The Iowa State Cyclones bounced back from their season-opening loss against Louisiana to steamroll their way to a Big 12 title game appearance. One might chafe at the use of “steamroll” but really, that’s as good a way to describe the way their five game winning streak which saw them take out Kansas, Baylor, Kansas State, Texas, & West Virginia by an average margin of 40 to 9.8.
The excitement briefly stopped when Oklahoma avenged their early-season loss to the Cyclones by winning the conference championship game, 27-21. In a weird bit of math held by the record books (cfb-ref), the Cyclones finished second despite having the best win percentage. OK then.
Their season was capped with a Fiesta Bowl victory over fake Pac-12 champion, Oregon, in a way which no doubt makes Iowa fans jealous since the Hawks were not able to beat the fake Pac-12 champion Ducks in March Madness.
From last year’s team, the bring back a borderline incredible amount of production due to the free year granted from the pandemic, which is a fact which gets overlooked in my “Three Guys” bias.
2021 SP+ projections if they were based on nothing but last year’s rating and returning production*:— Bill Connelly (@ESPN_BillC) February 1, 2021
3 Iowa St
7 Ohio St
* so, no recruiting or weighted recent history
Connelly defines ISU as the team returning the 4th most production at 88%. It’s 94% for offense (biggest noted departures were backups at TE & RB - Dylan Soehner & Kene Nwangwu - who combined for 556 yards from scrimmage) & 81% for defense. Perhaps the biggest loss is Nwangwu in the kick return game, as we all know how well special teams have treated Iowa State.
That’s part of what helped ISU open as 4.5-point favorites (and I believe trend higher): they’re among the most known quantities heading into this season and are among the nation’s elite when comping who’s back.
ISU schedule ahead of Iowa
9/4: v. Northern Iowa
UNI has given ISU fits in the past and could very well give them fits again this season. But that would be a silly thing to expect given the trajectory of the ‘clones and UNI’s underwhelming 3-4 spring season.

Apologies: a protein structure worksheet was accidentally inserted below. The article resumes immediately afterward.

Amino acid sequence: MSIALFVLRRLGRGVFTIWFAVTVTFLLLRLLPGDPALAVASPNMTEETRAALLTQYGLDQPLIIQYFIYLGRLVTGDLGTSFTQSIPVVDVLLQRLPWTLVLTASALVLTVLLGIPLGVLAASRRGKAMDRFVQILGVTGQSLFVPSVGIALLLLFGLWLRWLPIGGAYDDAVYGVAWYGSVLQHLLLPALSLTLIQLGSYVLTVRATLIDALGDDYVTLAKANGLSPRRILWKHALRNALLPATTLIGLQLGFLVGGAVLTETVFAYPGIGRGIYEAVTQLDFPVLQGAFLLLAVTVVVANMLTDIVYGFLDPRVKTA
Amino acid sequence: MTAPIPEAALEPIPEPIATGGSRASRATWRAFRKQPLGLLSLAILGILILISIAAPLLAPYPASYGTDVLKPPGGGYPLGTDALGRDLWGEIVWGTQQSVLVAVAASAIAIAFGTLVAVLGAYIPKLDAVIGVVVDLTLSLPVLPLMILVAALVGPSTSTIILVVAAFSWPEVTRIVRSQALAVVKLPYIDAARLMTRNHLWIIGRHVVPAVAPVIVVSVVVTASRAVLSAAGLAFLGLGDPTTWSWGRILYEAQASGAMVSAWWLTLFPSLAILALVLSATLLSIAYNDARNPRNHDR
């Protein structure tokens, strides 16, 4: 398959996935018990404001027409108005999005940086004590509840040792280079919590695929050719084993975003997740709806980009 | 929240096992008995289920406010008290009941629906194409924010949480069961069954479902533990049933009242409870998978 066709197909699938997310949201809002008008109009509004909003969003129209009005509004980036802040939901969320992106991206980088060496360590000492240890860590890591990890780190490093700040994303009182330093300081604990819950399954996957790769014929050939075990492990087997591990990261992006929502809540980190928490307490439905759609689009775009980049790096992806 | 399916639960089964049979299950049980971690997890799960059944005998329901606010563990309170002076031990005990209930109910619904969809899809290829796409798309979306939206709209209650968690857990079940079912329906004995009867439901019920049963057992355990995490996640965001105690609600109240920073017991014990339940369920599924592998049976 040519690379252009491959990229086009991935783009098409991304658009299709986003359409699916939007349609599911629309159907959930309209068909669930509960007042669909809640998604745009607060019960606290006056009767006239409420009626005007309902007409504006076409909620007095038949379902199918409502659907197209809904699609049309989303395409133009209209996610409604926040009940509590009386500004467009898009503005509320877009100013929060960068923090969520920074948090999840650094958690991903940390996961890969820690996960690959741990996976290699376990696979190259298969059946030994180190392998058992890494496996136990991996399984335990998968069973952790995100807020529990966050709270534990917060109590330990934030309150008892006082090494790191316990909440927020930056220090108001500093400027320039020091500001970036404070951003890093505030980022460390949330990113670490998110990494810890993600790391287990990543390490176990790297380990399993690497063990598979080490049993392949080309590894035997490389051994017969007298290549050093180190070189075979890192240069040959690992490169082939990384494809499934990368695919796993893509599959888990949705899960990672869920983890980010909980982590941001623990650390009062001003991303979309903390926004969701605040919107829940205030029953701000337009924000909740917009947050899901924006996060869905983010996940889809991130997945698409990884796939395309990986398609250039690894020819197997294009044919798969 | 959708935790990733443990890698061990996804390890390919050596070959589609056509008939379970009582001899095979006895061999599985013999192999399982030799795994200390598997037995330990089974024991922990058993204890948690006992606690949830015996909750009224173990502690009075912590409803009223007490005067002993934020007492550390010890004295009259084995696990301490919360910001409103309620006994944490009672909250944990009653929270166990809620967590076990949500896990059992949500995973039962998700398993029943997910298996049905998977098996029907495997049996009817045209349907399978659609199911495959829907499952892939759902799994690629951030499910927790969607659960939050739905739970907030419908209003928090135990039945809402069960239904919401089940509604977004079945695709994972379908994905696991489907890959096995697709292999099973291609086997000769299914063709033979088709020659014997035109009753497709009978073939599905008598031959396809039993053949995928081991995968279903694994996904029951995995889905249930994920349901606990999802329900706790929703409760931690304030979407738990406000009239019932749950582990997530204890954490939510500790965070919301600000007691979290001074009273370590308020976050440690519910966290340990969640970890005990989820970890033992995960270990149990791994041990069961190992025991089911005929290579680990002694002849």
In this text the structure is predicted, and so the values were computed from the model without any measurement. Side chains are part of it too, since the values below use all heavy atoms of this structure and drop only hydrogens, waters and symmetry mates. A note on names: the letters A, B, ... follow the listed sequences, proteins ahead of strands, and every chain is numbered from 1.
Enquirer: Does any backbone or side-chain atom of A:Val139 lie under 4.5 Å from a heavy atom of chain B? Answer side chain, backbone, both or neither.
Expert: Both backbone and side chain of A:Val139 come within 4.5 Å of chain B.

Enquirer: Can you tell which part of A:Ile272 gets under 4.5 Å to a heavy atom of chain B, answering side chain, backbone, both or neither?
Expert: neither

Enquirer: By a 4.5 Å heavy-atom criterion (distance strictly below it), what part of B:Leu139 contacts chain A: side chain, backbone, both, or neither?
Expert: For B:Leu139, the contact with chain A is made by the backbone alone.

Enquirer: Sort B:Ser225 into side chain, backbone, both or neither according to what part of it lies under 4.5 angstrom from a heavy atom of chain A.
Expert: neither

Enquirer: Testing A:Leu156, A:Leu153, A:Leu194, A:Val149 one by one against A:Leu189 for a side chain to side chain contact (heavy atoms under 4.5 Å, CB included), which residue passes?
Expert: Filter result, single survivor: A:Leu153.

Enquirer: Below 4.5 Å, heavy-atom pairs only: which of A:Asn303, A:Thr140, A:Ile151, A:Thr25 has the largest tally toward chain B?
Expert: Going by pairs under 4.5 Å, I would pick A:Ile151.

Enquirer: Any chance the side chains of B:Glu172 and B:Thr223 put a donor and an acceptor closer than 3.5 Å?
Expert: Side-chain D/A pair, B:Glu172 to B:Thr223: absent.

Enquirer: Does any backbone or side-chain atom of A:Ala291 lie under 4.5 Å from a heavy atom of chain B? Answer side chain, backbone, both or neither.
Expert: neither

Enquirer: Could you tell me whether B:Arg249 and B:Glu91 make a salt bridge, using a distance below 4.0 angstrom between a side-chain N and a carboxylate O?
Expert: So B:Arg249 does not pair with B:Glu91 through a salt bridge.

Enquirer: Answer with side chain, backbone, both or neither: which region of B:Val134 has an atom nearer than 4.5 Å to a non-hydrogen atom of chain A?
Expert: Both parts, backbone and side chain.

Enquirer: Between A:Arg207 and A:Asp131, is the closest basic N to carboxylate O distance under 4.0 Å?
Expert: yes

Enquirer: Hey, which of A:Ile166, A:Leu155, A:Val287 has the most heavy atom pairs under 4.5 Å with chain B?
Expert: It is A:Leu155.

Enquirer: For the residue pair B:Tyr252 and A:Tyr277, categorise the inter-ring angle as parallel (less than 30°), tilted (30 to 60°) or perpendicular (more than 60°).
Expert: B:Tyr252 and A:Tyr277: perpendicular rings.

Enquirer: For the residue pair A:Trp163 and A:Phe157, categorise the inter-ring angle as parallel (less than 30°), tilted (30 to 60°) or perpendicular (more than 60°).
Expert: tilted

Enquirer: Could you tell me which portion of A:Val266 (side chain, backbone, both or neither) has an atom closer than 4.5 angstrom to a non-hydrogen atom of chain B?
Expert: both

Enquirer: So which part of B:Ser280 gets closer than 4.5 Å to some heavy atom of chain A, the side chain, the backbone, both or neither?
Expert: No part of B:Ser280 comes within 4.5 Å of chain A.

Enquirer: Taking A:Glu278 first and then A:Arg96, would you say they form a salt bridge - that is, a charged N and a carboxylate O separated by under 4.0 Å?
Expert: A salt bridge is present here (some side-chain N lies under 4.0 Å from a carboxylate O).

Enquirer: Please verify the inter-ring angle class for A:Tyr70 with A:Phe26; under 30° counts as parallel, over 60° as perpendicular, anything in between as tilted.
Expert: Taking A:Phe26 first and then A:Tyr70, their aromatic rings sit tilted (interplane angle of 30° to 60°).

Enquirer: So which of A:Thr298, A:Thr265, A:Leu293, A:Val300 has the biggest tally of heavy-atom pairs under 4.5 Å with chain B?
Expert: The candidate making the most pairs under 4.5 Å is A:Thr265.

Breece Hall (RB, 6’1”, 215 lbs, Jr):
There is a reason Hall came in 6th in Heisman voting with that being too low. He was simply as good as it got, this side of Tuscaloosa, as a running back. He led the country with 1572 yards and was second in rushing touchdowns at 21. His 5.6 yards/carry was the ninth most among 260 RBs with 150+ carries and oh yeah, he led the country in those (278) as well. For good measure, he eclipsed 100 yards in 9 of ISU’s 12 games.
Iowa State uses him in their shotgun & pistol sets but is not afraid to move Brock Purdy under center to give Hall more traditional looks. If there’s one ding on his game, it’s his lack of production in the passing game (23 receptions for 180 yards) but the numbers show he can - he just didn’t need to.
One thing which sticks out from the above highlight package is: gone are the days where ISU running backs have their highlight reels chock full of 5 yard runs which feel like 10 or 15 by virtue of shirking defenders in the backfield.
Charlie Kolar (TE, 6’6”, 257 lbs, RS Sr): The John Mackey award finalist led Big 12 tight ends in every category at 44 catches, 591 yards, & 7 touchdowns. Breezing through his Twitter highlights, and there is a pretty consistent theme: Kolar overpowers his defender and makes the grab.
His sophomore-year reel reveals a more diverse skillset - great route running, dependable hands, varied use (particularly in the RPO game). His versatility can put Iowa’s defense given their likelihood to match personnel - a second tight end could force a slower linebacker on Kolar but going three-plus wide may allow his strength to beat a defensive back. No matter who he faces, his height trumps just about any defender Iowa can throw at him.
Jack Campbell (6’5”, 243 lbs) could prove useful.